A person is guilty of an offense if, with intent to frighten or harass another, the
Communicates in writing or by telephone a threat to inflict injury on any person,
to any person's reputation, or to any property;
Makes a telephone call anonymously or in offensively coarse language;
Makes repeated telephone calls, whether or not a conversation ensues, with no
purpose of legitimate communication; or
Communicates a falsehood in writing or by telephone and causes mental
The offense is a class A misdemeanor if it is under subdivision a of subsection 1 or
subsection 4. Otherwise it is a class B misdemeanor.
Any offense defined herein and committed by use of a telephone may be deemed to
have been committed at either the place at which the telephone call or calls were
made or at the place where the telephone call or calls were received.
A person who telephones a 911 emergency line with the intent to annoy or harass
another person or who makes a false 911 report is guilty of a class A misdemeanor.
Intent to annoy or harass is established by proof of one or more calls with no
legitimate 911 purpose.
Upon conviction of a violation of this subsection, a person is also liable for all
costs incurred by any unnecessary emergency response.
Any offense defined herein is deemed communicated in writing if it is transmitted electronically, by electronic mail, facsimile, or other similar means.
As used in this section:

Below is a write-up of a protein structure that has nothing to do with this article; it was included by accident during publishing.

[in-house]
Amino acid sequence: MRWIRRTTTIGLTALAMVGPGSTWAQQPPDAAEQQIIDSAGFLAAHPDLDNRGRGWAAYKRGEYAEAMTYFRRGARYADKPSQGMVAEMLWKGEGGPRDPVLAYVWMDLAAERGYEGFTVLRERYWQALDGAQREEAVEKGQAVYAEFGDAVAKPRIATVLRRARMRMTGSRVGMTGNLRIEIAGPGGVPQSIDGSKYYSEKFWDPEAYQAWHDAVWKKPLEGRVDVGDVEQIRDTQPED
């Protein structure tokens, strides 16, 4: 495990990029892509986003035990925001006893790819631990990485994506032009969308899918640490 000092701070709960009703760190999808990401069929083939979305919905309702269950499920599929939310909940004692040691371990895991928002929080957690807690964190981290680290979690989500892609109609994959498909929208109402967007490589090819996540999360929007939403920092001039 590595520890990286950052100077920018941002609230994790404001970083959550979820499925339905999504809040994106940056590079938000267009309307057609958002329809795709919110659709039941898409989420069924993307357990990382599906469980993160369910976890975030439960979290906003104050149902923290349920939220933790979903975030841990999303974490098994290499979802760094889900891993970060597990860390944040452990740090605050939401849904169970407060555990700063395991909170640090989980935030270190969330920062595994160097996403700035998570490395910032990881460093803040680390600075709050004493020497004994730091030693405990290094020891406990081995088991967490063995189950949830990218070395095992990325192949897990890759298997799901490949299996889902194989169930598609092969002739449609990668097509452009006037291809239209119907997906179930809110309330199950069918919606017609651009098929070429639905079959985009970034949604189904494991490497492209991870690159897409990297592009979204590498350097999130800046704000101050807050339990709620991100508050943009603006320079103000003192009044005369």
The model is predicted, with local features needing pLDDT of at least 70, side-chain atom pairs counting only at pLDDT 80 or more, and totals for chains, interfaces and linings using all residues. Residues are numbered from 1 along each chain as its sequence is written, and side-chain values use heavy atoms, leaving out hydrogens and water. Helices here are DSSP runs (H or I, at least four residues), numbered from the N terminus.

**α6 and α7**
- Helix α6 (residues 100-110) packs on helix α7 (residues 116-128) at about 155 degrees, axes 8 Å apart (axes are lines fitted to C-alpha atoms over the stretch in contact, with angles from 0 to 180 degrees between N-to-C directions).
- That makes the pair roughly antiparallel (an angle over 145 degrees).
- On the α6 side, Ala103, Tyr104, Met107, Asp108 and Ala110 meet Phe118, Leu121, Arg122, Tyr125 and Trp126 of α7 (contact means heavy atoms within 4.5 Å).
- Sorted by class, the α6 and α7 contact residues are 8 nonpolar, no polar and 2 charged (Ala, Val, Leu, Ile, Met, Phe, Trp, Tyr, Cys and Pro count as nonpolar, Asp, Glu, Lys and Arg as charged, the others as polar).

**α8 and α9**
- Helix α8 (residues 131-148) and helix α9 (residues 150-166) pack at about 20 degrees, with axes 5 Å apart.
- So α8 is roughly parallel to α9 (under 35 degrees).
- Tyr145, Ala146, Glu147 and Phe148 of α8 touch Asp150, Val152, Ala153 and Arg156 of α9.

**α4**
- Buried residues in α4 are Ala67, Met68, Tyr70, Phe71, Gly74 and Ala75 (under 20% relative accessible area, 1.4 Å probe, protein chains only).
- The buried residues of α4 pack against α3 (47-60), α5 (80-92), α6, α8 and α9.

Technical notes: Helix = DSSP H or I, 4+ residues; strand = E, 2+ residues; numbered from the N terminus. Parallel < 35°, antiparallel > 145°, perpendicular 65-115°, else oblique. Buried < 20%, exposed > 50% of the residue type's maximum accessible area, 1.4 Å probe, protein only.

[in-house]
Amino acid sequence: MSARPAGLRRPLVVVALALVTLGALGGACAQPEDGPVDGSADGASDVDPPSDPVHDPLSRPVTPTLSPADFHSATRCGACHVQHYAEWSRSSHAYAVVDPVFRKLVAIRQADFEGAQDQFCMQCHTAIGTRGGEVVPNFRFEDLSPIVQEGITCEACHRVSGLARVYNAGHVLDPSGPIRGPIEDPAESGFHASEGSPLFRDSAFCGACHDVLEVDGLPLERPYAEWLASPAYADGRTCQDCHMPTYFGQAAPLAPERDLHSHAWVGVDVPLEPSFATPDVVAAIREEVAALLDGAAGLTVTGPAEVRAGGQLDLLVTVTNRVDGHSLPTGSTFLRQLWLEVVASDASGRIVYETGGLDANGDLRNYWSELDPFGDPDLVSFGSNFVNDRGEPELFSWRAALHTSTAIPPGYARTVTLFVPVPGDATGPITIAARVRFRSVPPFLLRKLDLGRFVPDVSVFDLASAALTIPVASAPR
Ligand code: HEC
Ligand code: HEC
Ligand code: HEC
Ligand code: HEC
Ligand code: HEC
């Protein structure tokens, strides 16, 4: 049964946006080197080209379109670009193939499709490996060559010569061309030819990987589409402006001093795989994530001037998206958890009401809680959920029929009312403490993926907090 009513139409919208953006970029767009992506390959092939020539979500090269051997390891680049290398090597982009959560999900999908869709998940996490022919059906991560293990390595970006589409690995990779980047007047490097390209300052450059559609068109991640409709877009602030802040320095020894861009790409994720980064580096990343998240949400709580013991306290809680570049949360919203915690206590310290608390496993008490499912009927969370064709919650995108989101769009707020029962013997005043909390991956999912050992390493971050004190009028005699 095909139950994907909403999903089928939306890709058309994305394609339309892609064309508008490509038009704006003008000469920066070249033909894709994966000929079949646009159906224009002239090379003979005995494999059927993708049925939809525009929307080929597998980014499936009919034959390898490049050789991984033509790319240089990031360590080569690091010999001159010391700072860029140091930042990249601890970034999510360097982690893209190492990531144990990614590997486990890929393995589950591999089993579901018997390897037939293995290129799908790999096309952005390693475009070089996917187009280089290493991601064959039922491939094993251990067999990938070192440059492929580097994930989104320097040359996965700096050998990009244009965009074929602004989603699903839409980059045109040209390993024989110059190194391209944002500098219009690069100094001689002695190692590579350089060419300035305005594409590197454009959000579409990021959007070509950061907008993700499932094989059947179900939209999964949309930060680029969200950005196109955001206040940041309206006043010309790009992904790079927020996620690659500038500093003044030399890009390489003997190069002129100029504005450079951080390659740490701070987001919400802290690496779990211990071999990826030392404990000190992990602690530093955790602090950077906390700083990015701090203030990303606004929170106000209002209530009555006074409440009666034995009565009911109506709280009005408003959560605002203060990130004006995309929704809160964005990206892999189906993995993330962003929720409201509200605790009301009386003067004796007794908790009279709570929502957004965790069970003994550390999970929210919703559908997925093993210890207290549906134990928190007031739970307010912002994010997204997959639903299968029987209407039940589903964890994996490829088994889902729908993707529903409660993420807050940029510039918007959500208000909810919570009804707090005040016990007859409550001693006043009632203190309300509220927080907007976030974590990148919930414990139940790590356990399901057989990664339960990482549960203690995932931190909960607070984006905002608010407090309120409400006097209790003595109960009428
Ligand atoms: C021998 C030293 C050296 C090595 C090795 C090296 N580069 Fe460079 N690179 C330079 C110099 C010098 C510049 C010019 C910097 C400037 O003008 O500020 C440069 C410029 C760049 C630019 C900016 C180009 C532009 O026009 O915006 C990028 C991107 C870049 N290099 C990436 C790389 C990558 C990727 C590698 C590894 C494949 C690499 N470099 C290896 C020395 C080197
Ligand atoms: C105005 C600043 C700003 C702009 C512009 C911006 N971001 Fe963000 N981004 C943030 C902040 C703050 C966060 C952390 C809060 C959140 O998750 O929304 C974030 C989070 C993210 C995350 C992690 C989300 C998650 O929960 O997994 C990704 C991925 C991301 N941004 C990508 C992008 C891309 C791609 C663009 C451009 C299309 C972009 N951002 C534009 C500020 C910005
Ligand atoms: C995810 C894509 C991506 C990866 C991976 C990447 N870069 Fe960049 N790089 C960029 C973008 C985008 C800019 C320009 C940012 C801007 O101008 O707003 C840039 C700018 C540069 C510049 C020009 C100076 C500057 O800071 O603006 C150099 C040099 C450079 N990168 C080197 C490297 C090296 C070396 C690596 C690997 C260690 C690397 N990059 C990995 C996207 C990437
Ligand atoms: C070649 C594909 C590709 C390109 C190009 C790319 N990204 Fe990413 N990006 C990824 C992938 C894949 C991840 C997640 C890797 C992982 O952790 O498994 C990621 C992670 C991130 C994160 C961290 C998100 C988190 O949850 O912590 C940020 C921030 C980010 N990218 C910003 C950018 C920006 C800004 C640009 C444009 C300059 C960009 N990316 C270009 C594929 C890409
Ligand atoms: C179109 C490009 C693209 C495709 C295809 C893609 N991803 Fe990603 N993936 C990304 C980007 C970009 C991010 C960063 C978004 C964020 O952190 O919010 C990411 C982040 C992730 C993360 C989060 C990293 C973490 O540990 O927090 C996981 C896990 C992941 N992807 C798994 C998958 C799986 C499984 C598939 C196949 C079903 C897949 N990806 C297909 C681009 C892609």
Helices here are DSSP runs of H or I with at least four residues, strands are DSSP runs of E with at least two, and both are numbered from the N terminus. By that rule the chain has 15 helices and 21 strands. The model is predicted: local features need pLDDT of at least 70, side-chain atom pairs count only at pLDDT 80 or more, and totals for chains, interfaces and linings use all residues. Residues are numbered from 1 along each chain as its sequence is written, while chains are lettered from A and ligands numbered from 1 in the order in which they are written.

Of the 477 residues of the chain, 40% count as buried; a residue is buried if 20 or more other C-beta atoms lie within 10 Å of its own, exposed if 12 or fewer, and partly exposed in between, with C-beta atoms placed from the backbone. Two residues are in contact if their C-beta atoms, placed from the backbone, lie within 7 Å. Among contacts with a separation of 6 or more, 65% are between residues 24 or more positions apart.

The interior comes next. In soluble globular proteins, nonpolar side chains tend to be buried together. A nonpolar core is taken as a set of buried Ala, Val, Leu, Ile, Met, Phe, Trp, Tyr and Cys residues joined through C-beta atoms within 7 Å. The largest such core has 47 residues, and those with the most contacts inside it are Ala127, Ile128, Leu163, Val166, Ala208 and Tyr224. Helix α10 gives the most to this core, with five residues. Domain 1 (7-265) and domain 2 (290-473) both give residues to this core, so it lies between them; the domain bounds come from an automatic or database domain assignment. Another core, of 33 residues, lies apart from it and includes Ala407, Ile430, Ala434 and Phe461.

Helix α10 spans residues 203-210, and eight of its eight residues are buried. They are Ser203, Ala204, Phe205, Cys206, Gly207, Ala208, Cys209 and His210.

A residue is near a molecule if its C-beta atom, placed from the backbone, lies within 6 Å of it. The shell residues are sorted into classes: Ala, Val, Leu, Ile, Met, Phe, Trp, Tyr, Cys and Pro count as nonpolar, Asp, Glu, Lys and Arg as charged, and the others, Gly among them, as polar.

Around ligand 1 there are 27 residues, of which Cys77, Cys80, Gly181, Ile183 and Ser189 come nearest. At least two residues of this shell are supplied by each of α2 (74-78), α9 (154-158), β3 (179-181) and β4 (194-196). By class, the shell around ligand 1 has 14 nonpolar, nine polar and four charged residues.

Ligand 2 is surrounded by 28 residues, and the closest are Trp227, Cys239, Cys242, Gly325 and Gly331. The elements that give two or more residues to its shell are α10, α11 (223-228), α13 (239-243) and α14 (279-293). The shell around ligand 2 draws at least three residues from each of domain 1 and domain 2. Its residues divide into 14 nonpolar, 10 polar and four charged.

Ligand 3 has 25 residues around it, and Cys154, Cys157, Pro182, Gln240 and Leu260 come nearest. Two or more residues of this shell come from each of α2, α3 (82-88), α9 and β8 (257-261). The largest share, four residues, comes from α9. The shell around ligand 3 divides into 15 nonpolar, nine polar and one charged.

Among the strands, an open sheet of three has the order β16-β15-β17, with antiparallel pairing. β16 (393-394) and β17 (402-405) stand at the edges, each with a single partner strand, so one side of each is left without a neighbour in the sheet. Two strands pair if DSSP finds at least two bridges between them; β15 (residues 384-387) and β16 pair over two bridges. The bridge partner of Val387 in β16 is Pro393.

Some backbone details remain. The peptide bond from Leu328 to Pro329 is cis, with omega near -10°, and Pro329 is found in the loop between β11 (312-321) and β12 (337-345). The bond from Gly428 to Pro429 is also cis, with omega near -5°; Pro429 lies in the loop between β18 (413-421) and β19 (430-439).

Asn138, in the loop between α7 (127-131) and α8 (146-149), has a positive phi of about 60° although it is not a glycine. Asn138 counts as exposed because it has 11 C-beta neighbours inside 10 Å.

"Course of conduct" means a pattern of conduct consisting of two or more acts
evidencing a continuity of purpose. The term does not include constitutionally
"Immediate family" means a spouse, parent, child, or sibling. The term also
includes any other individual who regularly resides in the household or who
within the prior six months regularly resided in the household.
"Stalk" means to engage in an intentional course of conduct directed at a
specific person which frightens, intimidates, or harasses that person, and that
serves no legitimate purpose. The course of conduct may be directed toward
that person or a member of that person's immediate family and must cause a
reasonable person to experience fear, intimidation, or harassment.
No person may intentionally stalk another person.
In any prosecution under this section, it is not a defense that the actor was not given
actual notice that the person did not want the actor to contact or follow the person;
nor is it a defense that the actor did not intend to frighten, intimidate, or harass the
person. An attempt to contact or follow a person after being given actual notice that
the person does not want to be contacted or followed is prima facie evidence that
the actor intends to stalk that person.
In any prosecution under this section, it is a defense that a private investigator
licensed under chapter 43-30 or a peace officer licensed under chapter 12-63 was
acting within the scope of employment.
If a person claims to have been engaged in a constitutionally protected activity, the
court shall determine the validity of the claim as a matter of law and, if found valid,
shall exclude evidence of the activity.
A person who violates this section is guilty of a class C felony if:
(1) The person previously has been convicted of violating section
12.1-17-01, 12.1-17-01.1, 12.1-17-02, 12.1-17-04, 12.1-17-05, or
12.1-17-07 or a similar offense in another state, involving the victim of the
(2) The stalking violates a court order issued under chapter 14-07.1
protecting the victim of the stalking, if the person had notice of the court
(3) The person previously has been convicted of violating this section.
If subdivision a does not apply, a person who violates this section is guilty of a
class A misdemeanor.